"Tooth whiting is one of the most popularly requested dental procedures by the public. After all, very noticeable whitening benefits can be had with quick results and at reasonable costs."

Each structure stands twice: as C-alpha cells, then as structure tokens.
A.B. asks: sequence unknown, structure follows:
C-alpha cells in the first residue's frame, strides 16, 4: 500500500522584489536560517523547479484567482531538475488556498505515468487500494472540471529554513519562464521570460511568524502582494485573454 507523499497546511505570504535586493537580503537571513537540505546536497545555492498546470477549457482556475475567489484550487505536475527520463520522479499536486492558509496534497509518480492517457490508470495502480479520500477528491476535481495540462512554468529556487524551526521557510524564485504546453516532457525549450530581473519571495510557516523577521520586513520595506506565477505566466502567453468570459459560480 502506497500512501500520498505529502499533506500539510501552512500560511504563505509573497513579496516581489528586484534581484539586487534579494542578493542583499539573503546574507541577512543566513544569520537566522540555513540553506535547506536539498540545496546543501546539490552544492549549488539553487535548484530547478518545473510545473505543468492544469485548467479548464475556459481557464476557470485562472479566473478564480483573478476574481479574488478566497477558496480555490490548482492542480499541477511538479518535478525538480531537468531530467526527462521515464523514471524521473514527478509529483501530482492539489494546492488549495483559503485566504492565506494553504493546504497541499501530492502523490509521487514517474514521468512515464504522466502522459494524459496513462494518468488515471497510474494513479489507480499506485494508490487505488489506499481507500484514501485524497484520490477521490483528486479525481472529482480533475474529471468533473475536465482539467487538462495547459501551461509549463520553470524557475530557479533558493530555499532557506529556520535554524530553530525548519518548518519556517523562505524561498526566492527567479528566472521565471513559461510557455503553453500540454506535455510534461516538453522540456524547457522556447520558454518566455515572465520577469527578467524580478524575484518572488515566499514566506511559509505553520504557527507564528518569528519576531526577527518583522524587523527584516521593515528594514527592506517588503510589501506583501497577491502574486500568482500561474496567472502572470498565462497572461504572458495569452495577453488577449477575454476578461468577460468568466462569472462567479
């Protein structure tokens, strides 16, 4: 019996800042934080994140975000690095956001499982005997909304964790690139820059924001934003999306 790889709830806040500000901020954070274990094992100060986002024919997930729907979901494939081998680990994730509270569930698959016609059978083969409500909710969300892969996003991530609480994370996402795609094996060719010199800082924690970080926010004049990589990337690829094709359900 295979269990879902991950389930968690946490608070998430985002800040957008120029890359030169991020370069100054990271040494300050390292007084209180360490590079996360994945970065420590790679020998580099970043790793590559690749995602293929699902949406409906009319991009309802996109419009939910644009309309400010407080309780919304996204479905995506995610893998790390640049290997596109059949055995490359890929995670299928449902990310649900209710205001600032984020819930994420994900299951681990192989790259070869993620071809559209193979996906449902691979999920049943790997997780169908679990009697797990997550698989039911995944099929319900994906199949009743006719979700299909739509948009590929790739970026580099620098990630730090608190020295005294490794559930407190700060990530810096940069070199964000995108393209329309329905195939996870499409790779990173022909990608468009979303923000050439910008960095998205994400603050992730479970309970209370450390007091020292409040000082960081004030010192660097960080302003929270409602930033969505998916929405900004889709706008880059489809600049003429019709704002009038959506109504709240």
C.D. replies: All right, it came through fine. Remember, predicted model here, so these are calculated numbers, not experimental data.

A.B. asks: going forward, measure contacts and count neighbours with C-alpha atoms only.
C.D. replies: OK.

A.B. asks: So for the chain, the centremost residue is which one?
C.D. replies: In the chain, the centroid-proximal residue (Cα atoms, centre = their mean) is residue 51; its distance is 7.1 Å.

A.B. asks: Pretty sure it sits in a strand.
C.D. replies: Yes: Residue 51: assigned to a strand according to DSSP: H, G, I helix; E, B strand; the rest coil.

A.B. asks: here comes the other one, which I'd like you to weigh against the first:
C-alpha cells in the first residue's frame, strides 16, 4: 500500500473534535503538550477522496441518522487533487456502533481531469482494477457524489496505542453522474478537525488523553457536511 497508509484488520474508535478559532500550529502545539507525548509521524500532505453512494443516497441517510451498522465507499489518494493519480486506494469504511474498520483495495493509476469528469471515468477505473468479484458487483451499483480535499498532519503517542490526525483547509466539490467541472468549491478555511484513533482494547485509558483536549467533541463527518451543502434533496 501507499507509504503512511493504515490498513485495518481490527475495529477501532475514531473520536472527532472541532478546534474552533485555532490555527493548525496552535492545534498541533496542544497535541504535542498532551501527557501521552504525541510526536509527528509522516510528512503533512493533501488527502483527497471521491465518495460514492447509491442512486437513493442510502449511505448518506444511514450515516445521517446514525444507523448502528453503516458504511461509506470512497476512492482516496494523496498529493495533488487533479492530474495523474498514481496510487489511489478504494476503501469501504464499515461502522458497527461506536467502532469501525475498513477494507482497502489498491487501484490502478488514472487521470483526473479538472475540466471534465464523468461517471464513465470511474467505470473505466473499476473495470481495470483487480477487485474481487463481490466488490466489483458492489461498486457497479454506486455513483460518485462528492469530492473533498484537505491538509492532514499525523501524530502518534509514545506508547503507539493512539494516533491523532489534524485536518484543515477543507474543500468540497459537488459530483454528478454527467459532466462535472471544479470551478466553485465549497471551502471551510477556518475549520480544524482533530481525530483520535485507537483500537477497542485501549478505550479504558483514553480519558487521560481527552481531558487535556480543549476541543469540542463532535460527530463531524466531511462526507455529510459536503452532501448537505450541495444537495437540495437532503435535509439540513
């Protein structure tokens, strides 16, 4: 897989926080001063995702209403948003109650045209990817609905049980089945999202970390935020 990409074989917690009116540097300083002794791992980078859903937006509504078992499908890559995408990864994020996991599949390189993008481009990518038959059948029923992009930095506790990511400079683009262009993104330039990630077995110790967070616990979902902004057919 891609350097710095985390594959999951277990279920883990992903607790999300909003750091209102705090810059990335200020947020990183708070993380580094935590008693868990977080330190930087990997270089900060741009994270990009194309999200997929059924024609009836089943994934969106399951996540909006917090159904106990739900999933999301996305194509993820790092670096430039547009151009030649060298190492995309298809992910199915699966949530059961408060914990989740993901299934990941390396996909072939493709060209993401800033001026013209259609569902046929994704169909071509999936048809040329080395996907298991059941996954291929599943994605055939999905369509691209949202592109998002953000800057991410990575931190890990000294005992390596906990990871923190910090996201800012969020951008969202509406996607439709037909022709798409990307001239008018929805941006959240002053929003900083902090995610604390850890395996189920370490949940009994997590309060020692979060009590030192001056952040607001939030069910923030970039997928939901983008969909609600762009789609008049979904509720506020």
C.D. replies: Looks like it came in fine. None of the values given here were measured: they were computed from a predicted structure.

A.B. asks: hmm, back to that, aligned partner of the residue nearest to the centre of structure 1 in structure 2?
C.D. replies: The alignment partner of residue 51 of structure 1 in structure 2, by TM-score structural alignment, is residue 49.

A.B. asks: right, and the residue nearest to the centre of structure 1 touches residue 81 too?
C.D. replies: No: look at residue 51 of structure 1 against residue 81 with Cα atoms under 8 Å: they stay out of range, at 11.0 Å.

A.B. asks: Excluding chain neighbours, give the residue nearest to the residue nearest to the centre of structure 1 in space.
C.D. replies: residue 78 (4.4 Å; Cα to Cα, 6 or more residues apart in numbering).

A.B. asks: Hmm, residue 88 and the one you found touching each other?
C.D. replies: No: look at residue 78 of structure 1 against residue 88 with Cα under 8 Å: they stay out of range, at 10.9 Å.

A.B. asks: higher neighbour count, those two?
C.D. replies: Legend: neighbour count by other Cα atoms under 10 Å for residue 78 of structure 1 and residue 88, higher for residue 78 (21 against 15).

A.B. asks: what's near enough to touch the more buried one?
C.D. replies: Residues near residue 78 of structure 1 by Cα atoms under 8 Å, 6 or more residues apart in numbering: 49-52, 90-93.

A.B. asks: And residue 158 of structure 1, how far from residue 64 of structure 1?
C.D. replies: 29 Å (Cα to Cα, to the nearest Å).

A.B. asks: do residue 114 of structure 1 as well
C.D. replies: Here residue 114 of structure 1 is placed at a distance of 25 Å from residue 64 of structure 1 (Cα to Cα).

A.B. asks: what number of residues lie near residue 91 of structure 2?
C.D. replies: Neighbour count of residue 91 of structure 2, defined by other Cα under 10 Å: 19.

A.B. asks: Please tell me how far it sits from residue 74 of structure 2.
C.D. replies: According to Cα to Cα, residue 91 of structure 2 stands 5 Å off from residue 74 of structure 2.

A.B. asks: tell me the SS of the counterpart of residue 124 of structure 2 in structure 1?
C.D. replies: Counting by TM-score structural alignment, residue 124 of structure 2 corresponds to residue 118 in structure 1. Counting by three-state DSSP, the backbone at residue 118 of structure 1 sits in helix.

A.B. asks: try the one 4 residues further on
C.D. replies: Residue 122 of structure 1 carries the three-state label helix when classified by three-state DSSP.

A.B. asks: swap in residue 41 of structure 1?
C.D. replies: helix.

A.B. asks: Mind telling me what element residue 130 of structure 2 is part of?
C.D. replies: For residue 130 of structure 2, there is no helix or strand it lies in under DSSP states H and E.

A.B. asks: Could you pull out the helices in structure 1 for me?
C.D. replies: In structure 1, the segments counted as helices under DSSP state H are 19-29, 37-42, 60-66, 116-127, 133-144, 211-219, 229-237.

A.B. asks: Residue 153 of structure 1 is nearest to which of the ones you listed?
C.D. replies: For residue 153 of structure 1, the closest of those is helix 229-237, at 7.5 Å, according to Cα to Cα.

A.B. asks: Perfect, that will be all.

And this is mostly true, tooth whitening, or bleaching, is safe and effective when properly done. Before you commit to your decision, to bleach or not to bleach, you should begin at your friendly neighborhood dentist shop for a session of questions and answers! Begin with a dental exam before your whitening treatment. It can find any problems that could lead to less than optimal results of your whitening experience, and establish rapport and trust with a team that can facilitate your journey towards a healthier and brighter smile! After an exam, a dentist can recommend an optimal protocol that will most likely produce the desired result with the least discomfort, with a lasting result in the shortest time! So dental patients do have options, but they will depend on which method of tooth whitening method is chosen, because whitening efficacy depends on the particular discoloration being treated, as not all stains respond equally to one technique only. For example, whitening protocols for yellow-darkened teeth typically use a form of hydrogen peroxide itself (H202) or water-activated carbamide peroxide that converts into hydrogen peroxide. The chemistry of peroxide bleaching reacts with double bonded carbon atoms in the chromogen, or stain, resulting in a lighter colored staining compound: Note that not all stains respond the same to peroxides and some stains are hardly touched by peroxide bleaches. For example, some stains are based on metallic compounds which are not very responsive to peroxide bleaches, and will produce a disappointing result with the peroxides, requiring other strategies to produce a uniform result. Also note that bleaches can damage white composite fillings, and that fillings will stand out against the whitened background of the bleached enamel, as the silicate color component of composite fillings is not affected by bleaches. Current evidence-based research also shows that chronic bleaching can soften and roughen enamel, so the potential danger is, the roughened and softened surface becomes more susceptible to stains, and teeth become more vulnerable to erosion and decay. Sensitivity is another reported issue with bleaching, showing up as tooth sensitivity to temperature and gum discomfort. Hydrogen peroxide breaks down into water and oxygen, and the liberated oxygen percolates up through the tooth and gum in a degassing process. This can be painful because of the released oxygen gas in the breakdown of H202, and gas pressure increases in your gum, and in the dental tubules inside your teeth--and it hurts! When bleaching is carefully done in a dentist office, the gums are protected with a masking material or a dental dam. Additionally, teeth are first conditioned with a bleaching desensitizer before the peroxide is applied to the tooth, so discomfort is minimized if not totally eliminated. One last comment on matters of bleaching success—please avoid foods or drinks that have staining compounds in them right after bleaching for about 48 hours. Your teeth are all nice and open after bleaching and the stain can go right back in, easy as blueberry pie! In summary, bleaching can produce a gratifying result but should be done under controlled and supervised conditions.